Recycling is going to be a big part of any OSE village, particularly recycling metals. Breaking up metal into small chunks that can go into the induction furnace requires a massive shredder. By changing out the cutting wheels the shredder can be used to break up all sorts of things like wood and stone. The hammermill could be an accessory to the giant industrial shredder. It could even sit underneath the shredder as a second stage that turns logs into chunks and then into dust.
There are several tools that can be put on a CNC gantry for cutting flat material. The table and the gantry don't require any significant changes; all you really have to do is change the toolhead. A common platform would prevent redundancy.
It doesn't make much sense to build just a hydraulic motor when the GVCS is pretty much entirely dependent on hydraulic power. Might as well make the cylinders and hoses and manifolds and connectors and accumulators and regulators and valves and everything else the machines need.
There are several distinct structures that robot arms can take and each one is better for certain jobs. It's not just a matter of scale, the 3-axis linear motion of a CNC machine is just a robot arm. It would be hard to justify the expense of a full-sized industrial robot given the fact that the OSE paradigm doesn't include mass production. That means if we want one we're going to need to find cost savings somewhere, and preventing redundancy is one way to do that.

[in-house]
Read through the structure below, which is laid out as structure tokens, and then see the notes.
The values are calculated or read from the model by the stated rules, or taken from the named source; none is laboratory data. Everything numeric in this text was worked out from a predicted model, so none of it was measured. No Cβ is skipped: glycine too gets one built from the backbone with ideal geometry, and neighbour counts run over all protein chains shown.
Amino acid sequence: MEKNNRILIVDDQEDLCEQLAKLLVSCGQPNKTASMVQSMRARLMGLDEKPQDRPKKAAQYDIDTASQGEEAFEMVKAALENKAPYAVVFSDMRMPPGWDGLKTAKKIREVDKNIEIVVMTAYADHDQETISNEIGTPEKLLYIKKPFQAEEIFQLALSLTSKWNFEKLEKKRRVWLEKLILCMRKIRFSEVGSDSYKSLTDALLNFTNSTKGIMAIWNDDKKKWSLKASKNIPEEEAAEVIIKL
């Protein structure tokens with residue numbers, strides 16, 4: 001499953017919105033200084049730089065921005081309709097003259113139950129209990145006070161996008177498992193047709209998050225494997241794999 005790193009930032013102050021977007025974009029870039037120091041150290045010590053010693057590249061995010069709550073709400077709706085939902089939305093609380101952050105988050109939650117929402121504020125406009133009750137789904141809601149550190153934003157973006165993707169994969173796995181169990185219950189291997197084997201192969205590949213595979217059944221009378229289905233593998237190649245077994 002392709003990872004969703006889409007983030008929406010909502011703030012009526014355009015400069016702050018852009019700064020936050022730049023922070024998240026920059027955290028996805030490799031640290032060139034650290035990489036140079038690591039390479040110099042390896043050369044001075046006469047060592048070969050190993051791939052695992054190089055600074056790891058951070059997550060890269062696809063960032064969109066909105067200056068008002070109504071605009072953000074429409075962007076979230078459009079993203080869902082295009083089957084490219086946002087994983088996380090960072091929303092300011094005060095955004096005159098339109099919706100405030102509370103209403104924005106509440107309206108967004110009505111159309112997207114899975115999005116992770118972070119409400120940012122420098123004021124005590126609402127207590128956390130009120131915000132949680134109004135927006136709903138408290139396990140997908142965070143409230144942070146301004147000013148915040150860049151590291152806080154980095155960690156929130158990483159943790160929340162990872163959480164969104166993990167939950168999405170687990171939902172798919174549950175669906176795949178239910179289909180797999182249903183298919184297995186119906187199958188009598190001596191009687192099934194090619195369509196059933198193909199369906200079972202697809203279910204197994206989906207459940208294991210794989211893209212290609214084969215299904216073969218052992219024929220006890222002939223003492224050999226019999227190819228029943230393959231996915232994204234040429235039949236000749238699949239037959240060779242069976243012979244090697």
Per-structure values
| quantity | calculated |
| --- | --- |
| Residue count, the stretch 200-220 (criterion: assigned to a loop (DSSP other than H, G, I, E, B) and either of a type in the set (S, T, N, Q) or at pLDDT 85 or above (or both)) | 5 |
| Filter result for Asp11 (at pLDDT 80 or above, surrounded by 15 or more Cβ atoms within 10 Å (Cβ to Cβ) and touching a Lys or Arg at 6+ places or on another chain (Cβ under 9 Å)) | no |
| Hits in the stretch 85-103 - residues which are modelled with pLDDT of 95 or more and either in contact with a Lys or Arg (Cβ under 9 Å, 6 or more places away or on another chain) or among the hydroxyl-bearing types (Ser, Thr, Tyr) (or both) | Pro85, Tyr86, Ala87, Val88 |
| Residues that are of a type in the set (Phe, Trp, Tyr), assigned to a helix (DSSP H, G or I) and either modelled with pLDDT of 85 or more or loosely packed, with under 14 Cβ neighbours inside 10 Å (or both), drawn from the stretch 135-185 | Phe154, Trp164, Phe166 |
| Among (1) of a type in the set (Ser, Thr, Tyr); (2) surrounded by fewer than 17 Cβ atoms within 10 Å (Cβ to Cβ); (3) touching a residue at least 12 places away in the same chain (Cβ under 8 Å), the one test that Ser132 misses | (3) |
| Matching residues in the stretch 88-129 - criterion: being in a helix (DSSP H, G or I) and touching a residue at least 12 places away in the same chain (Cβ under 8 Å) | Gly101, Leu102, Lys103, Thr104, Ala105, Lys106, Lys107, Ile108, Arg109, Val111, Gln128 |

This deserves more discussion.
Aluminum has an awesome energy density. Al-Air batteries are the only chemical battery that has a hope of equaling fossil fuels in terms of energy density, cost and safety. They aren't rechargeable, but the GVCS already assumes a full aluminum lifecycle, from pulling it out of the ground to recycling it. The Al-Air battery would just slip right into that lifecycle.
Modular Vehicle Kit
A passenger car doesn't make a whole lot of sense from the OSE point of view. Everything you need is supposed to be produced within a 10 mile radius, so you don't need to go anywhere. Also, the legal/ethical implications of building a vehicle to safely transport humans, at high speeds, on roads that other humans are using, are...significant. At best, a passenger car will be an appliance that will be built after the village is established, kind of like how washing machines and TVs will be built only AFTER the GVCS has created an industrial base.
The truck makes a lot of sense because it's a utility vehicle. However, it makes even more sense if it's a scale-able utility vehicle. Rather than a single design, it would be better to break the vehicle into parts that are interchangeable. Not only does that allow for broken parts to be quickly swapped in the field and repaired later, it also allows multiple different vehicles to be built for different missions.